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Pajamas in Public?

Guest Anony46

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  • 2 months later...

I know it's an old thread, but I think it looks dirty to wear pajamas in public. It seems like the person didn't shower or change after sleeping all night. Especially if they are still wiping gunk out of their eyes... I mean, come on now, can we please be civilized? Also, depending on where people are appearing in public, the unkempt and bedroom look not only shows a lack of self-respect and lack of appreciation for grooming/hygiene, but also shows a lack of respect for the people around the person in public and the setting in which they are appearing. I think a lot of the people wearing their pajamas in public are not just doing it because it is comfortable or because they like the look, but because they were too lazy to change after rolling out of bed, and that's why I associate it with dirtiness.


Please don't say this is an "American" thing, because I think this behavior would be frowned upon in many places here. This pajama look is probably more common among certain socioeconomic segments of the population. I have worked at a public courthouse and shop at Walmart occasionally; I am familiar with the various looks of the dregs of society and know of what I speak. But it's not at all that all people with less money are more likely to dress like that... the Korean immigrants in their ethnic enclaves here often don't have a lot of money yet don't often appear in public looking like slobs, from what I've seen.


I'm sorry if any of this sounds rude, and I don't care how much money someone has, but I think there is no excuse for going around looking like a dirty bum. Sure, it's not the worst thing in the world, and it doesn't mean the person is a bad person, but it's not a trend I'd like to see catch fire.

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Meanwhile, In Wales...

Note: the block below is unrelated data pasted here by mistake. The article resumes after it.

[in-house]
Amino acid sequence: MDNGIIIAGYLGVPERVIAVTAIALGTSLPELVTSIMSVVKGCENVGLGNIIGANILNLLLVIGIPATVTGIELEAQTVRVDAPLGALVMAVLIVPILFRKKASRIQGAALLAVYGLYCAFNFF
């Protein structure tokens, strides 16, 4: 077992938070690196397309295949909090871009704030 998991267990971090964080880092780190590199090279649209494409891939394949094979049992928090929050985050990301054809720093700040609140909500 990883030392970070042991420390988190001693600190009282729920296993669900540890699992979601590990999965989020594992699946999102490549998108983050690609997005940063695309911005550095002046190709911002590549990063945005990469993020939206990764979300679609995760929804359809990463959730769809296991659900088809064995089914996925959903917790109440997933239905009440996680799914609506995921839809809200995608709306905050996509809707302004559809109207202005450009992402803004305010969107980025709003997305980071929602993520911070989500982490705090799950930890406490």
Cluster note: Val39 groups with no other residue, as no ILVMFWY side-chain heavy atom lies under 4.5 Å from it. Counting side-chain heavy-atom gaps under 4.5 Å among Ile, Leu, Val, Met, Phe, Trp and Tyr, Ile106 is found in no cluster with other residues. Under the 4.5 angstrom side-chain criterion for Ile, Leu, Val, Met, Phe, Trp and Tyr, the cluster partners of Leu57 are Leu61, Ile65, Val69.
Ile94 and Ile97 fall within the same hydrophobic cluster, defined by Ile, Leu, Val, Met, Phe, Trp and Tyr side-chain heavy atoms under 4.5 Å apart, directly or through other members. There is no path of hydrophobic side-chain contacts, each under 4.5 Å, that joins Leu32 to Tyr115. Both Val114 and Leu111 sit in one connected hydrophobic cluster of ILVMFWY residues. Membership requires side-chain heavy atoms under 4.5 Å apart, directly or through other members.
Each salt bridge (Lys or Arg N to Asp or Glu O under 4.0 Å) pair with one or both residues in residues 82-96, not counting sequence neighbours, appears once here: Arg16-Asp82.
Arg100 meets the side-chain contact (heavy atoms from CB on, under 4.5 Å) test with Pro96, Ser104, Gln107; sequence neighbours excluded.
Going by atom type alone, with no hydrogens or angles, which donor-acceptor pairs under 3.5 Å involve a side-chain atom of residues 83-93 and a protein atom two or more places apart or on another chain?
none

Thank you, Tesco! I am sorry, but that woman should be ashamed posing for that photograph and complaining about being told she can't go around like a slob in their store. Where is her sense of shame? I love her quotes in the article where she says, basically, that she's entitled to do what she likes and that others should be glad she's even shopping there. The article doesn't mention, though, if she's spending money she has earned or if she's on welfare, which was my first thought.


A commenter on that story:

"The sign in Tesco asking people to get dressed before doing their shopping is as depressing as the ones you see in the Post Office stating that staff won't tolerate abusive behaviour. In a civilised society these things shouldn't need to be said.

EdgeOfReason, St Albans, UK"


Exactly, person from St Albans.


It's bad enough going into Walmarts around here and not finding an employee who speaks English, and then you have to shop around people who look like recently-released prisoners with their underwear all hanging out and others who smell and appear to have just crawled out of bed with eye boogers still in tact. I think dress codes at Walmart (guess Tesco is the UK equivalent) would actually increase business overall if it keeps away the trash, since I bet that a lot of people don't even want to go to those stores when they think about the kind of people they would have to shop with.

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  • 4 weeks later...

I have to say that in general, fair enough that it's better to have actual clothes in public, but I think there are more exceptions than have been previously stated, most notably being Arthur Dent, or indeed anyone who is eccentric/mad/in a hurry enough to carry off the public dressing gown look.


Also whilst in general I think it's a bad idea for people to not use real clothes, I'm opposed to regulating/restricting what people wear beyond perhaps a few very basic public indecency laws, it really doesn't affect me if someone wears pyjamas in a shop nearby. Also the line between nightwear and other clothing is actually really not awfully distinct.

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  • 2 weeks later...

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